General musings on programming languages, and Java.

Saturday, September 26, 2009

Making Methods Testable

I'm going through my old drafts and deleting or publishing them. This one I no longer agree with, I'd rather rewrite the methods to be side-effect free. And the 'magic' I referred to is probably mocks.

"OOP to me means only messaging, local retention and protection and hiding of state-process, and extreme late-binding of all things." -- Alan Kay.

Messaging seems to imply behaviour. From wikipedia: "in object-oriented programming languages such as Smalltalk or Java, a message is sent to an object, specifying a request for action."

It seems fairly trivial that, in, say, Java, Math.cos(double) is not object-oriented. It doesn't take any objects, it doesn't return any objects. Even if double was an object type, it wouldn't be object-oriented. One reason is that it isn't late-bound; the other is that it isn't a message that demands action, it's just a function call.

It's certainly possible to imagine an action that has no effects other than returning a value; I don't dispute that; but it does seem overblown to say "sending the message 'cos' to the Math object", instead of saying that Math has a function called cos, and we're calling that. In fact, function is a much better fit for this, because Math.cos is as close as we can get to a mathematical function. Whenever I say function from now on I'll mean a mathematical function.

Java actually has two implementations of all the maths functions, e.g., Math.cos and StrictMath.cos. We could make it so that which one we used was dynamically configurable (again, I'll cover late binding later), but that doesn't make it any more of an action. It's still a function. I assert that most of what we consider an object's behaviour can be validly and usefully thought of as functions over that object's data. In a simple way, you can see this is true; if an object has state X, and you call method x() on it, that changes the object to be in state Y, and you later return the object to state X and call the method again, it will do the same thing. The big difference between methods and functions seems to be that you can't see what side effects a method causes, without knowing the code.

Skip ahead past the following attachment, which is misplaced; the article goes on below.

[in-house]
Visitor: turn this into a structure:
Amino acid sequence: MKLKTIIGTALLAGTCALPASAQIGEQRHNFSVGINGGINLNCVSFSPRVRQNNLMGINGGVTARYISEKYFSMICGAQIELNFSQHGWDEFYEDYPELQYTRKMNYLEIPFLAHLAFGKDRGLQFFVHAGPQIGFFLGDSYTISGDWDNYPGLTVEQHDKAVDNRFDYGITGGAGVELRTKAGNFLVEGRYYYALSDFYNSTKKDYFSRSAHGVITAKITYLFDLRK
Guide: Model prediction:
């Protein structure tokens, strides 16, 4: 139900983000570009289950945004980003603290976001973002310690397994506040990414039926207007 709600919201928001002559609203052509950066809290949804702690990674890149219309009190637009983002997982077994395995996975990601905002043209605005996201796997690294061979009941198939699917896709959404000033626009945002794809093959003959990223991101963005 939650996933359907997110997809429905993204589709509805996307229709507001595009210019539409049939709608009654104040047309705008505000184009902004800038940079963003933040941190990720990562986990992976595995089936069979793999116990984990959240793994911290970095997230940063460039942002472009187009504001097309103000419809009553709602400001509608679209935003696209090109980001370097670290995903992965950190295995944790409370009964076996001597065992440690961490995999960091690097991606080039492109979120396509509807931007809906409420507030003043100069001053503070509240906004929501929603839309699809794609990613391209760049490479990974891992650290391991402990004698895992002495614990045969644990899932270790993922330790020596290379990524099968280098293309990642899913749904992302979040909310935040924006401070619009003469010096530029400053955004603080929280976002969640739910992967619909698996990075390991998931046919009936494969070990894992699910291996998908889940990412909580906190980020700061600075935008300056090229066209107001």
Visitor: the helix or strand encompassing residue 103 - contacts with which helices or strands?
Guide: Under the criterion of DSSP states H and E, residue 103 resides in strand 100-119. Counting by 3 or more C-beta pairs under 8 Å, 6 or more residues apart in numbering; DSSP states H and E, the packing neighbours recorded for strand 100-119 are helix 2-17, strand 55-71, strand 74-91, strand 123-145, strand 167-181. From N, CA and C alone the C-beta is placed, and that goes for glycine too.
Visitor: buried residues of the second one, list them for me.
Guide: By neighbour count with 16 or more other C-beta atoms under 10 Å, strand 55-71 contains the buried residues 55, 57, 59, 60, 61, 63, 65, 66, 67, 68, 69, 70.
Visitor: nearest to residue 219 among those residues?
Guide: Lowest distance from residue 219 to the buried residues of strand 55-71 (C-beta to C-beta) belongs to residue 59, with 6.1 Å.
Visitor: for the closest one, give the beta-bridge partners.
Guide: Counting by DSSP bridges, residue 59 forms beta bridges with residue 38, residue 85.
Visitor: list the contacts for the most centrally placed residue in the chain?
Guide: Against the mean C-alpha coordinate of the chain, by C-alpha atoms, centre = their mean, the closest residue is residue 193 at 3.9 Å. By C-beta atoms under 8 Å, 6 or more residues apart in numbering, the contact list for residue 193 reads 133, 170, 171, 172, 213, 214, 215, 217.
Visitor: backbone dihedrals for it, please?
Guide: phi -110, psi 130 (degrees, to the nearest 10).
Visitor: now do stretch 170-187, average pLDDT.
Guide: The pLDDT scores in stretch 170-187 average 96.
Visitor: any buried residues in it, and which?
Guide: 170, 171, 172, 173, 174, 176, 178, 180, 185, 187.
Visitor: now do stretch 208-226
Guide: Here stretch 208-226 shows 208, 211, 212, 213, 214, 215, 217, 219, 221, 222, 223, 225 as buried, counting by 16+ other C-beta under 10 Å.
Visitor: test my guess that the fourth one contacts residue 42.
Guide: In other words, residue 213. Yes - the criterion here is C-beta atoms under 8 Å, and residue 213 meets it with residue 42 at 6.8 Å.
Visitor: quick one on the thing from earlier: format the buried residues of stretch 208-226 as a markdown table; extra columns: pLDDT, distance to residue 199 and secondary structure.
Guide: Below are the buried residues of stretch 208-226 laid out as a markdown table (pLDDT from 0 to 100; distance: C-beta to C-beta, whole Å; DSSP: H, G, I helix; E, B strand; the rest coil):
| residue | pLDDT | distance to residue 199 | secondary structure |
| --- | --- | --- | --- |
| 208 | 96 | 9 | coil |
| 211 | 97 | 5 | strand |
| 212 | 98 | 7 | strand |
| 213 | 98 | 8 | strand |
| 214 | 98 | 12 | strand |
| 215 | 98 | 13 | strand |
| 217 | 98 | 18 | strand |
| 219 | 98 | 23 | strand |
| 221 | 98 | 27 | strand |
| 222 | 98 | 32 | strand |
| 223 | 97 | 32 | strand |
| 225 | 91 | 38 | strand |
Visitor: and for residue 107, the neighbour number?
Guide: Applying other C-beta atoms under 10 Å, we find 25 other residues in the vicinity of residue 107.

Methods that have real effects on the world, or change objects, are really actions. Testing these is harder than testing functions. They're also harder to reason about and actually unnecessary.

I can think of two ways of testing them, the standard one of which is to simulate the environment and test for evidence of the action. This has the problem that any unwanted action isn't easily detected, except in the most carefully controlled environments. For example, you might set up a chroot environment for automatically testing a program that manipulates files, and not notice that it erases /etc/passwd (because you never use the chrooted filesystem again), or you might test what a method sends to System.out but neglect to also check System.err.